Re: Drinking Policy on International Trips?
Mon, 3 Jul 1995 13:19:22 PDT
> "What should be the rules regarding drinking for U.S. Scouts and Scouters
> while on Scouting trips in other countries where the rules and customs are
> > different?"
Most (actually I know only a small number) European scouting organizations
have no rules about alcohol. But having no rules does really not mean a
tolerance for drunken children.
I think you should get a different answer depending on who is asking this
question. If you are a boy I'd say there is absolutely no excuse for getting
drunk. If you are a scouter who wants to know I'd probably say to use
your own common sense. If you are an official, I'd rather say you have
no way of knowing all circumstances ahead; don't make the rules too rigid.
Situation one is not about beer, but whether a mother on a parallel trip can
allow something to a boy which the trip leader doesn't; this is probably much
more difficult to handle then the beer situation.
Situation 2. I don't think this situation warrants a special permit, but if I'd
be that scouter I would probably take a sip anyway.
Situation 3. If you trust the host family to host the boy, they are responsible
for him and you should not punish the boy for doing what they allow him
Situation 4: I would never drink alcohol on an airplane; I hate jet lag way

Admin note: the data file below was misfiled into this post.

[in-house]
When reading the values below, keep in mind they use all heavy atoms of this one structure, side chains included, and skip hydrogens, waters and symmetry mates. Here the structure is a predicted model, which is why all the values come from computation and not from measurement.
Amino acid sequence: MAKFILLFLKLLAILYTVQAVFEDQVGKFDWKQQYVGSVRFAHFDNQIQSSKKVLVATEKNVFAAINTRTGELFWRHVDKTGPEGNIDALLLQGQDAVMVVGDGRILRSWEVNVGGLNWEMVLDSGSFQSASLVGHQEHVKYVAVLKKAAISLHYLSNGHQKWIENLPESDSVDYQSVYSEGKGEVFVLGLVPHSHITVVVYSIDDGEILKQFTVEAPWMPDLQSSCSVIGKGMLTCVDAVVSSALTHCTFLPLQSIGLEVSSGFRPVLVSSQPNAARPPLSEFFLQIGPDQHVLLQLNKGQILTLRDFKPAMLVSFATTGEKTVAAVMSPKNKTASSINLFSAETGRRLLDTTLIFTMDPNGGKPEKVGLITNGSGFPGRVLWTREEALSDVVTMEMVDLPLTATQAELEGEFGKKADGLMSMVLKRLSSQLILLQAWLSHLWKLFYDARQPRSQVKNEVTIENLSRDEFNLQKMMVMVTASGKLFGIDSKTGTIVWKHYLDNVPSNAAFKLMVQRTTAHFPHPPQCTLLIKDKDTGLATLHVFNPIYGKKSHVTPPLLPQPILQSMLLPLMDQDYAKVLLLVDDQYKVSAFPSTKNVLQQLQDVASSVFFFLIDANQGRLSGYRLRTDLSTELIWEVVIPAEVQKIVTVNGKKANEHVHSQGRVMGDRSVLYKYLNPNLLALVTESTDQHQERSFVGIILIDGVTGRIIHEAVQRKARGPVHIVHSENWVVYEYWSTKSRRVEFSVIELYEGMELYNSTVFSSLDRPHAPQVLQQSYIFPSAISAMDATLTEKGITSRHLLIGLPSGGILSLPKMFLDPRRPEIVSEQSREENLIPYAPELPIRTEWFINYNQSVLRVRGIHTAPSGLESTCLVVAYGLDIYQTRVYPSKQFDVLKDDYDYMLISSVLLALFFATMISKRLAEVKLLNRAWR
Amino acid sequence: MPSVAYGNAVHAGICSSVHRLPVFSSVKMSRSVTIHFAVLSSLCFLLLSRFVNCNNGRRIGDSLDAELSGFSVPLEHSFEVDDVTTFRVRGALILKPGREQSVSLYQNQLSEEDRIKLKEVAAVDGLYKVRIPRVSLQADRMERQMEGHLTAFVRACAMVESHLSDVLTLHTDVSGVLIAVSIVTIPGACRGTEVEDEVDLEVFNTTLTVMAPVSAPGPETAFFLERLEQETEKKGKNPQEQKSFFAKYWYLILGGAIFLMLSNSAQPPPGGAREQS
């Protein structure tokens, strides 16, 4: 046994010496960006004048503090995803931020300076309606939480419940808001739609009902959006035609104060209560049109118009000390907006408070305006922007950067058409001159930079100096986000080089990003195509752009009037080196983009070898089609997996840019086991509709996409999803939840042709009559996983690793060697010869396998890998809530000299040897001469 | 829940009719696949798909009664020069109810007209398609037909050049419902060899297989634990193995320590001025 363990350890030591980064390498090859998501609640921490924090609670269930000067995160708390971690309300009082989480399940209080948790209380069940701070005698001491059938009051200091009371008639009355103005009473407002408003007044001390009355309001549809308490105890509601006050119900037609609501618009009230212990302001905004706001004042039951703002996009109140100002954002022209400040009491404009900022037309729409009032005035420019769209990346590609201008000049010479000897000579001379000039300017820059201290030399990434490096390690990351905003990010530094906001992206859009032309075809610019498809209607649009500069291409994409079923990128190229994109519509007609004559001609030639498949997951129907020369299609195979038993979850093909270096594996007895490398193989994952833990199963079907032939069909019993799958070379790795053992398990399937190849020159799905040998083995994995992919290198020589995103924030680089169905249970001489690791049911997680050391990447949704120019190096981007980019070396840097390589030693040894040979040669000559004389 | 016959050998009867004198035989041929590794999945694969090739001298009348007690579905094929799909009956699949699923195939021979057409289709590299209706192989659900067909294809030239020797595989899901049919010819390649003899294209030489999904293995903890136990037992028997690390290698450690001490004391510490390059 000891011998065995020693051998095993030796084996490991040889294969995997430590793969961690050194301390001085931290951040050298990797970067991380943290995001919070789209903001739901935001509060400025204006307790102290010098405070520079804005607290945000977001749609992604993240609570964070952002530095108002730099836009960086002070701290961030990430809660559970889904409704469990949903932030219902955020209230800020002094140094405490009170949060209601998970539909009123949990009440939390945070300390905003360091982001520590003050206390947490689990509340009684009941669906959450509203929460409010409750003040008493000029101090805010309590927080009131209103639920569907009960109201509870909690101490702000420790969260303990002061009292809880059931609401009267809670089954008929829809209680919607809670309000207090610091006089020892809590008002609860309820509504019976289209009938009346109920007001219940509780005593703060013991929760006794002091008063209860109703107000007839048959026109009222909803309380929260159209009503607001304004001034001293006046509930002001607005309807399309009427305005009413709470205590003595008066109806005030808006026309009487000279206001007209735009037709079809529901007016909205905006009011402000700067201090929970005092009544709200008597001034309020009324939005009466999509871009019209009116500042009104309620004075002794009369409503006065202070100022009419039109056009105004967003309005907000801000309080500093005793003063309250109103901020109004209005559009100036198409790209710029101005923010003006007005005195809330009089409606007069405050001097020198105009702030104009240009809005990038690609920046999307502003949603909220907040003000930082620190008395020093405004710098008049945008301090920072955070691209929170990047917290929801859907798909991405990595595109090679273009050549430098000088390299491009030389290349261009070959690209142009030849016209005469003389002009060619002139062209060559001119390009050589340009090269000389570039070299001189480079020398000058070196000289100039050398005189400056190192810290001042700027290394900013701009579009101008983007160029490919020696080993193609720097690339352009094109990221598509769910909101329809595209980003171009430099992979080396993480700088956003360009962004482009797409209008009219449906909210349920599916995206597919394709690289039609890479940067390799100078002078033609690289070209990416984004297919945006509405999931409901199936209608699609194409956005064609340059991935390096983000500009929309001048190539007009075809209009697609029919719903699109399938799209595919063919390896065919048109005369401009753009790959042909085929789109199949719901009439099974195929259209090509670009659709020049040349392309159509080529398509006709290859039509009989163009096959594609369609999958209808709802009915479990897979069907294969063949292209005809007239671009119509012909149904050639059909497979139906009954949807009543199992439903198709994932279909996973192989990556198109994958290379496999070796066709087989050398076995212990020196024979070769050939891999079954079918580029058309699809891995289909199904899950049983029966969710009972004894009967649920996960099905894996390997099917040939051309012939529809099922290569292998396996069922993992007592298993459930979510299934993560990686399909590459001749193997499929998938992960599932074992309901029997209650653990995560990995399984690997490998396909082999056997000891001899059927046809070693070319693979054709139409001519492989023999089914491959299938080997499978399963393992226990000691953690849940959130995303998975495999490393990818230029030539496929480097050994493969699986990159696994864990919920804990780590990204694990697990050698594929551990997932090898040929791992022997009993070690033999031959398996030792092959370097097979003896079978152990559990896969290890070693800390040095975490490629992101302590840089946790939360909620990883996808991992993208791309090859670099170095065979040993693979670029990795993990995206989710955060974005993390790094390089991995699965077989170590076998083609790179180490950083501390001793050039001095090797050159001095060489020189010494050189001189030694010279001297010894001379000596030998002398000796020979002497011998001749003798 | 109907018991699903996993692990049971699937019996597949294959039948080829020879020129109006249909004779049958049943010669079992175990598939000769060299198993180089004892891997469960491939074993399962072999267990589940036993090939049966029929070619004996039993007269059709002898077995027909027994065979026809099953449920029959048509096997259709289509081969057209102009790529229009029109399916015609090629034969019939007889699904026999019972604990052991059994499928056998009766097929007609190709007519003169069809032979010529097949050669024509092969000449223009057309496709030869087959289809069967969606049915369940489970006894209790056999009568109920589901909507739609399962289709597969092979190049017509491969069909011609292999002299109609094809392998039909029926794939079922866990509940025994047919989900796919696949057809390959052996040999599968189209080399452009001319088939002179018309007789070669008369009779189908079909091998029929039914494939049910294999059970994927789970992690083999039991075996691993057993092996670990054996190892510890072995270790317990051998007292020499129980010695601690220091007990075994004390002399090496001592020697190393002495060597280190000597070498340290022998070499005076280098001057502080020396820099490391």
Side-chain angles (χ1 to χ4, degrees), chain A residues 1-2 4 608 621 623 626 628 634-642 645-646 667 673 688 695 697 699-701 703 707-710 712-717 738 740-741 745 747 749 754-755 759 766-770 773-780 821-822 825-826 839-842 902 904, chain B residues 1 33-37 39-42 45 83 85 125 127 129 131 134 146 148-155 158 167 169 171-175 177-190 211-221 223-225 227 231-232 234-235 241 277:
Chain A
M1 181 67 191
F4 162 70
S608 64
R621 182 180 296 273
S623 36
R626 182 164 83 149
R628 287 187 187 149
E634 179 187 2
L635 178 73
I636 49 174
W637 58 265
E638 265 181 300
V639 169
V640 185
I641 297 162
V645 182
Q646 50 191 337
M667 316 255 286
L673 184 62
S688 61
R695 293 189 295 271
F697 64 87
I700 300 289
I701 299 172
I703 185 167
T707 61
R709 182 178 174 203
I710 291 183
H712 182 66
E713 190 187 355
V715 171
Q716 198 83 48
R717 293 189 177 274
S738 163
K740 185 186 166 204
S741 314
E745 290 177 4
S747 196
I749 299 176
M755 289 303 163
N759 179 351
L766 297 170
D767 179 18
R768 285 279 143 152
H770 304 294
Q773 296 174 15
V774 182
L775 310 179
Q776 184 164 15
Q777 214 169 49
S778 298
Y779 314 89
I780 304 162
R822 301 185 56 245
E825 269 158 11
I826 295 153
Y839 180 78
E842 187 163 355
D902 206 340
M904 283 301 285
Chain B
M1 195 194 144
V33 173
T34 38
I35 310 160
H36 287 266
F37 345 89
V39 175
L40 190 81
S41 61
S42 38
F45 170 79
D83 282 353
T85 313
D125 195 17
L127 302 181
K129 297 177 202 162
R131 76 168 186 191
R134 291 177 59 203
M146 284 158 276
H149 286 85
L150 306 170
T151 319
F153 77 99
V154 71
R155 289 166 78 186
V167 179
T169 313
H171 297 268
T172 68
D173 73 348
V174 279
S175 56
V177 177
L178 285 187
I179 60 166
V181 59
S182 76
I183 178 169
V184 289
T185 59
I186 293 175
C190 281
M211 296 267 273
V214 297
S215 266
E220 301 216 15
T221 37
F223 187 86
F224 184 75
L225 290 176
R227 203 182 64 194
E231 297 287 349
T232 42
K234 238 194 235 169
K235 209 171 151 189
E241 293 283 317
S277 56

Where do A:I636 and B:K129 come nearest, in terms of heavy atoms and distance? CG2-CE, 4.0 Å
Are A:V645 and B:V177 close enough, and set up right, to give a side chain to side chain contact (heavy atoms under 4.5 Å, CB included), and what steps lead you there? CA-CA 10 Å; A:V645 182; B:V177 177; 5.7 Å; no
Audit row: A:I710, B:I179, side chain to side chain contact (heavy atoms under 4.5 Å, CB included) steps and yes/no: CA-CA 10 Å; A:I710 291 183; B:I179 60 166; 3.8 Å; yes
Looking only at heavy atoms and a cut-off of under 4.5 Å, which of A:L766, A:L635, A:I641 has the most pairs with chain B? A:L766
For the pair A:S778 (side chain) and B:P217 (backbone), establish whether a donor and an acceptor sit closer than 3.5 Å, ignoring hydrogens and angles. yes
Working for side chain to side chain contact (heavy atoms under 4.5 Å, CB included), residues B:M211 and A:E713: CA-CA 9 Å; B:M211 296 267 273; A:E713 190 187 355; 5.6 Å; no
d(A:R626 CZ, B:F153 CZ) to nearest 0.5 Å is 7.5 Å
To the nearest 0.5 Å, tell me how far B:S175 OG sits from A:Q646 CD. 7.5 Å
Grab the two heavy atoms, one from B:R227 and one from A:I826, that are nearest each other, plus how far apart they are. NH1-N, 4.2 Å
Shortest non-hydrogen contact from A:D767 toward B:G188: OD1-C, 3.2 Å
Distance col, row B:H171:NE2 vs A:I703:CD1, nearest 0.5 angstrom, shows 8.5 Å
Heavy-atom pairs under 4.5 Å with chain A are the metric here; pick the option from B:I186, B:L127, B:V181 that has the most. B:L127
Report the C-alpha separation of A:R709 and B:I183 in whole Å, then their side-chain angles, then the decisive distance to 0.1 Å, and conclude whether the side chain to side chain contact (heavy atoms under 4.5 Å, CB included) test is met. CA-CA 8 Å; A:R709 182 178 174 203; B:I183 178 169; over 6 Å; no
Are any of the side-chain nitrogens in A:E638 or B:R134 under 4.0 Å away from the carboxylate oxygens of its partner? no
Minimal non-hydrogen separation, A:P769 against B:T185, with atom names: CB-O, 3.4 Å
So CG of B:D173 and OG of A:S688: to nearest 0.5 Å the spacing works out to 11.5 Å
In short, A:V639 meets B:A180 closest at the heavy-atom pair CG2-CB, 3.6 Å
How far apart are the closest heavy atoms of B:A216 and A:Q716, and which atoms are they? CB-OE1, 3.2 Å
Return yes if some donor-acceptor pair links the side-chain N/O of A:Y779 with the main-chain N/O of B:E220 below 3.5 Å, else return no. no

too much to do anything which makes it worse. But no, I don't see a reason
to prohibit it to other grown up people.
I think when the boys are in a group (like on travel) the usual rules for
the group (no alcohol) should apply. But, on individual basis with their host,
I would accept the customs of the host. If I get to hear about alcohol use, I
would talk to the host and warn him that our boys have not learned how to
handle alcohol and might need more supervision.
From another message:
> While in France, they were (of course) offered wine with their meals --
> certainly in line with the local laws and customs. Those who accepted the
> offer were suspended from school upon their return to the U.S.
If thats a private school (or a private organization like BSA) then there is not
much I can say; they can set up their own rules, and, they are responsible
for their children. If that suspension was spoken with government authority
(like the school was city owned) this is a violation of local sovereignty, which
would not be looked at kindly by french people (or french law !). It also might
or might not violate the youth's rights depending on whether they had custody
over them at the time.
Terry Howerton Sakima Group, Inc. SCOUTER Magazine Kansas City